A Kick in the Right Direction!

message-1485631_960_720So…

I’m 50+ diagnosed with diabetes.

I say “diagnosed”.  In other words, the doctors finally put it in writing.

I wasn’t shocked.  I knew it was possibly coming.  My great grandmother was diabetic as were my grandmother and mother.  My sisters are both diabetic. Now I have it.  I’ve had it longer than I am willing to admit.

My family always joked that “we have genetically superior taste buds and that is why every thing tastes so good to us!”  We genuinely love how food tastes! (Anyone that loves food probably has heightened bud senses.  Kinda like Spidey senses… only for your taste buds!)  Food was just a way of life for us.  We PLAN meals.  We couldn’t wait to try a new recipe or restaurant.  We LOVE food!

My diabetic mother and grandmother seemed to eat whatever they wanted. If they wanted a piece of fudge or cookie or cake, they ate it.  In the backroom, however, they were giving themselves extra insulin to do so. Diabetes wasn’t a big deal.  They managed to live into their late 70’s or early 80’s with the disease and still could eat pies, dessert bars and candies.  It wasn’t going to be a big deal if any of us kids got it.  Looking back, I’m a fairly bright person, but how na├»ve could I have been to think that?

The truth of the matter is that I’d been testing my fasting glucose for years.  My family history of diabetes made me check my blood glucose levels every once in a while. It was a little over 125 for many years.  I knew any results from 100 to 125 had me in the “prediabetic” category.  In my mind, that was never a worry.  I didn’t have “DIABETES”.  I can shape up and get back down to below 100.  “No problem.”  So I carried on with my usual eating habits with my love for bread and cookies.

Right before my annual physical, I would watch my diet and take cinnamon hoping that high blood glucose wouldn’t show on any urine or blood tests.  Then they got wise and started testing my A1C.  That test came back “a little high”.

I watched my fasting glucose creep up to 130… 140… 150.  I watched my A1C rise. The doctors still hadn’t come outright and said “you are a diabetic” only that I had “readings consistent with diabetes” and so I didn’t consider myself to have it.  I was always told “your sugar and your A1C is a little high. You need to eat fewer carbs”.  What did that mean exactly? I didn’t even know what carbs were!  Nor did I care much if it meant reading a lot of labels and calculations and dealing with NUTRITION.  I was a successful, young(ish) professional!  WHO has time to do that?  Plus, I hated anything that smelled like math!

Looking back, I realized that I was pretty uninformed about diabetes… and buried my head in the sand not wanting to hear it.  There wasn’t really any patient information on diabetes or nutrition coming from my doctors… except a few pamphlets, if I had bothered to pick them up off the rack.  Nowadays you can look up plenty on the internet, but it is a muddy mess if you are not READY to understand it.

Too, being an educator I know that people learn different ways!  Some have to read it.  Some have to hear it.  Some have to do it.  Some have to have a mixture of those.  I was in the “do” category.  Unless someone SHOWS me what I need to do, it doesn’t exactly sink in.  Or, I need to “hear” it.  The pamphlets and even the internet just flew over my well educated head.  And, I was also turning the proverbial blind eye to the subject of diabetes.  I couldn’t ever SAY the word. Don’t say it then you don’t have it.  It bewilders me that a rational person (and I am) would even think that!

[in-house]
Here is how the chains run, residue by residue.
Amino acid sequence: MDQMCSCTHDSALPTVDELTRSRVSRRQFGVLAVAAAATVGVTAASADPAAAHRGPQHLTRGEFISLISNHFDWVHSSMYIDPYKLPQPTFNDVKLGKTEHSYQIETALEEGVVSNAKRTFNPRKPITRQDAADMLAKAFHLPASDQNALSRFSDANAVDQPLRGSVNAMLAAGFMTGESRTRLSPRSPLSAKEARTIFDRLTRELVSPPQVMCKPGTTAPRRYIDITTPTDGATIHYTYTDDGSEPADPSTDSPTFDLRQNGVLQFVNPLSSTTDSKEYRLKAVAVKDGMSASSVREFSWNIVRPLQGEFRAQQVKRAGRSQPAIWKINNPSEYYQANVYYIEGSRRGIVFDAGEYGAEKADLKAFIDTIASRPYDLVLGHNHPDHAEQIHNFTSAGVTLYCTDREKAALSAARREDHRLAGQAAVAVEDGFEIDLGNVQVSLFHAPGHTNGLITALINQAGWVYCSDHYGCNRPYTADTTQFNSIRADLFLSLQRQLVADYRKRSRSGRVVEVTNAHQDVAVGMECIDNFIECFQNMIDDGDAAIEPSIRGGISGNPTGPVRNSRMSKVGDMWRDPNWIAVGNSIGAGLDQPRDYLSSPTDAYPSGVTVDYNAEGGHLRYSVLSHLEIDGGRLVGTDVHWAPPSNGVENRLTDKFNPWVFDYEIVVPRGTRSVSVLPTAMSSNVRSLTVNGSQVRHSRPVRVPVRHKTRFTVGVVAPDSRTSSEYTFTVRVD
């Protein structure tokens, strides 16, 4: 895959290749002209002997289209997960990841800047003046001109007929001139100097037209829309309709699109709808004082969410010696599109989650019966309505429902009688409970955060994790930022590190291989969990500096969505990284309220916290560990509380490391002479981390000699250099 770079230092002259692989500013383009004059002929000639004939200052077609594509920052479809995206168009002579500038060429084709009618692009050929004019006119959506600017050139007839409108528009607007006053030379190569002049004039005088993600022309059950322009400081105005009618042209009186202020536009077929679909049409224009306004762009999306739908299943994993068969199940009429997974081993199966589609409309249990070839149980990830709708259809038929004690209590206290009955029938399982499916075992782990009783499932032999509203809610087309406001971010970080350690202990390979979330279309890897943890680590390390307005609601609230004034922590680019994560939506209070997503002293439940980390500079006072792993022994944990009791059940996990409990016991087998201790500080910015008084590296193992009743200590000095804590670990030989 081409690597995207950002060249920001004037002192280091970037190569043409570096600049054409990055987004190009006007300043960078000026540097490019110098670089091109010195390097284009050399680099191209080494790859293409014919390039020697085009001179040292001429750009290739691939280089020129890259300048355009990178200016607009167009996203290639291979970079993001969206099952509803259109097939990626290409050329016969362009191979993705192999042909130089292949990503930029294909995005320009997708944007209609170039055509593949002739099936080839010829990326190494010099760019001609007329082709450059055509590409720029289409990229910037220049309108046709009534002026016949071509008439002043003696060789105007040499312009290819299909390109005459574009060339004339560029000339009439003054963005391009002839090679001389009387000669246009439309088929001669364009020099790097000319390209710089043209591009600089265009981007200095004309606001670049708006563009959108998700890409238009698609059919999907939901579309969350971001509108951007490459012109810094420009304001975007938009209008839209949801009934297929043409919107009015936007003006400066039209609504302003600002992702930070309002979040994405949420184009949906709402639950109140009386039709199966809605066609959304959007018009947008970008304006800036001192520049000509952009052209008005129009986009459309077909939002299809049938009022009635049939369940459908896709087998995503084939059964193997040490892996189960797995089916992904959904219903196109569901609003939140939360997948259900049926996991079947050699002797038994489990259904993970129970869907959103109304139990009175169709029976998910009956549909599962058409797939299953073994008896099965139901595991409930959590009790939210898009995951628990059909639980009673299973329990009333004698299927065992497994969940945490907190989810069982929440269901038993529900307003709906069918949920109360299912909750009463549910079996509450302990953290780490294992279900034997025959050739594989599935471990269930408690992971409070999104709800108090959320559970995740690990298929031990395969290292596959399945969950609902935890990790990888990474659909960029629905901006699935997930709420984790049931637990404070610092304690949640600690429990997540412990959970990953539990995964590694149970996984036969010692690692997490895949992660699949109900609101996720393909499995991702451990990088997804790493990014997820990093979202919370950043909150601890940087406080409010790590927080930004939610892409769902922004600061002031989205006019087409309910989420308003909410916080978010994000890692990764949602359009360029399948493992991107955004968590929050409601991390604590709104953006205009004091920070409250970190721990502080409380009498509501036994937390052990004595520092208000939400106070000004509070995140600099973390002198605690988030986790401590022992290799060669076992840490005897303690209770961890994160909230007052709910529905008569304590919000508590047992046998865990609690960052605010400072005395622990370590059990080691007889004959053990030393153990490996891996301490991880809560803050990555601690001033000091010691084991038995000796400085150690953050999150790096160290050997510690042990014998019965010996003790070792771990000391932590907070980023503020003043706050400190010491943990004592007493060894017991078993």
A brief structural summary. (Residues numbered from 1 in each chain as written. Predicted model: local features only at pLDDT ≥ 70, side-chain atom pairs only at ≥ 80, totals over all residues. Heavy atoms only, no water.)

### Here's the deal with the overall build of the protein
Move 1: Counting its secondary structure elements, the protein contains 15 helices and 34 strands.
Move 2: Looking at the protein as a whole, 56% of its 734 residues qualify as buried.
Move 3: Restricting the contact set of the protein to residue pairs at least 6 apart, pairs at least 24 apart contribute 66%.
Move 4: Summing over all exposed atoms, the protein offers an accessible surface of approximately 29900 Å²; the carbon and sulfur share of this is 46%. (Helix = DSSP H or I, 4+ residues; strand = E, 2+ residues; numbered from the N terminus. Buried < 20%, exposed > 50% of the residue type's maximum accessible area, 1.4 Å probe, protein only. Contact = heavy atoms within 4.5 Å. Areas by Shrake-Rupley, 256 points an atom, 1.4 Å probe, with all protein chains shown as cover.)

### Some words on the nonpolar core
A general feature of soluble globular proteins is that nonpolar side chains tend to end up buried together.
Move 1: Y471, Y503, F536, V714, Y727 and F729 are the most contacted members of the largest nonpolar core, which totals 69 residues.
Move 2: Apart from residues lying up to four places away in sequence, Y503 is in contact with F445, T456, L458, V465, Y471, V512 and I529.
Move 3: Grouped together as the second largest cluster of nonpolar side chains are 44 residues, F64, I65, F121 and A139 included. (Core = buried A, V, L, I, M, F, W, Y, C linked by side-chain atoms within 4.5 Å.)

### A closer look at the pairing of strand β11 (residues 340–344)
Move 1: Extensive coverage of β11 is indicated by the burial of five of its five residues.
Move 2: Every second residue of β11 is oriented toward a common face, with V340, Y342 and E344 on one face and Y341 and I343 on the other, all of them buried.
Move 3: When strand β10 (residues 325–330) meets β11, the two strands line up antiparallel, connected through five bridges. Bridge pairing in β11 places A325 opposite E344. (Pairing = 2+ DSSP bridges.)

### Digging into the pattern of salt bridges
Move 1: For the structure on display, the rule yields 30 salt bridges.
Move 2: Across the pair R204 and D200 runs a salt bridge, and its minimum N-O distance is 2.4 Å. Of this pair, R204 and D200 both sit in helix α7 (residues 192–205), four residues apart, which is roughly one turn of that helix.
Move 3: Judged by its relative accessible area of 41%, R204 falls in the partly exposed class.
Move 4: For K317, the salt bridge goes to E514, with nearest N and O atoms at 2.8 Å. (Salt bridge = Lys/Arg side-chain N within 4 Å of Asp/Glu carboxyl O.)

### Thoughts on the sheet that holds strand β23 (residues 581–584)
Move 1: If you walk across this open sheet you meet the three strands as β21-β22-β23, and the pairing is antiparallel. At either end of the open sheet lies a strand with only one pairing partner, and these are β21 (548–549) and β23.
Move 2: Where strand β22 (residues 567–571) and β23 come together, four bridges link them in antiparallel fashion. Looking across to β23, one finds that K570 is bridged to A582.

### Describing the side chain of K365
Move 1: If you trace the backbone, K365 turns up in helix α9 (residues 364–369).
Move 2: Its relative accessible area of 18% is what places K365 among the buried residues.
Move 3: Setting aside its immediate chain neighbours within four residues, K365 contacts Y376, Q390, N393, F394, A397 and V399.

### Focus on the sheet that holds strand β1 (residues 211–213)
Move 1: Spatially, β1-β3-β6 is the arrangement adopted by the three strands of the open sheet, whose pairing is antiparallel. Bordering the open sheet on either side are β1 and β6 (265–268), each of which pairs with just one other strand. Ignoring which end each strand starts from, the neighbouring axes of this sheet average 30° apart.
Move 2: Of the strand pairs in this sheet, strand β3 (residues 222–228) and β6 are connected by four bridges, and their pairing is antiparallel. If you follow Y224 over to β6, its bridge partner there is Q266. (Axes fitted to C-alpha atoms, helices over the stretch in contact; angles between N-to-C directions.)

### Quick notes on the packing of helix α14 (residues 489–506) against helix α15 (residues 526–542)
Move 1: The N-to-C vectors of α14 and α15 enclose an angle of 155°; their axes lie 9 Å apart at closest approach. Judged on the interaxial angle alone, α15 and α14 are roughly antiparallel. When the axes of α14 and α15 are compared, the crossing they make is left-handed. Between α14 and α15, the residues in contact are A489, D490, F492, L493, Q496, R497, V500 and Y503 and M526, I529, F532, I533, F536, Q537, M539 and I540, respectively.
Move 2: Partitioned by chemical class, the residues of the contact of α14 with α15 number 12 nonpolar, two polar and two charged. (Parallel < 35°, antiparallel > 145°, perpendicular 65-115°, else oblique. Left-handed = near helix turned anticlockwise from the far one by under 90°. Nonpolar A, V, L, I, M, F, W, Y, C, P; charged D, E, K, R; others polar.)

I’ve now watched my sisters’ diabetes move into “insulin resistance” category.  They started out like me.  Watch diet. Then… take a pill. (Point I’m at now and refuse to move further.) They then moved up to…take insulin.  Then… take other sugar eliminating or sugar curbing medications. Then… came the inexplicable and uncontrollable blood sugar numbers!  They were termed by their doctors as “insulin resistant”. How can that be? My mother and grandmother were never insulin resistant.  Their blood glucose numbers were managed even with the sneaking of some sweet treats now and then.  Or maybe they were and were just terrific at hiding it behind their insulin shots.  Plus, I’m not sure there was a name for it back then.

I’m currently in the non-insulin diabetic phase.  If I don’t do something about it I will be on insulin and possibly heading toward insulin resistance.

I resolved to go to see a specialist in diabetes.  Admitting you have a problem REALLY IS THE FIRST STEP!  What I was told and shown (because I learn that way) has changed my life!  She unequivocally told me that I am diabetic and headed toward insulin and possible insulin resistance unless I straightened up my eating habits.  I may still be headed toward insulin due to the abuse of my pancreas and my genetic history.  (I’ll cross that bridge when I get to it.)

Today, I better understand what that disease does and why I want to get control over mine.

I can also finally say IT (diabetes) out loud… and I’M IN CONTROL!

To that end, I also realized I could benefit my sisters in their education of low carbs forever!  We could do it together.  I also realized… why stop there?  There are others out there that are surely in our situation that could benefit from what the three sisters discover along the way.

So thank you if you made it through this epic opening story as it is important that you know where I am coming from.  I’m not a doctor.  I’m not a nutritionist. I’m not a chef. I’m just someone who wanted to understand and not let diabetes (and I as I would soon learn… Metabolic Syndrome) debilitate their life.

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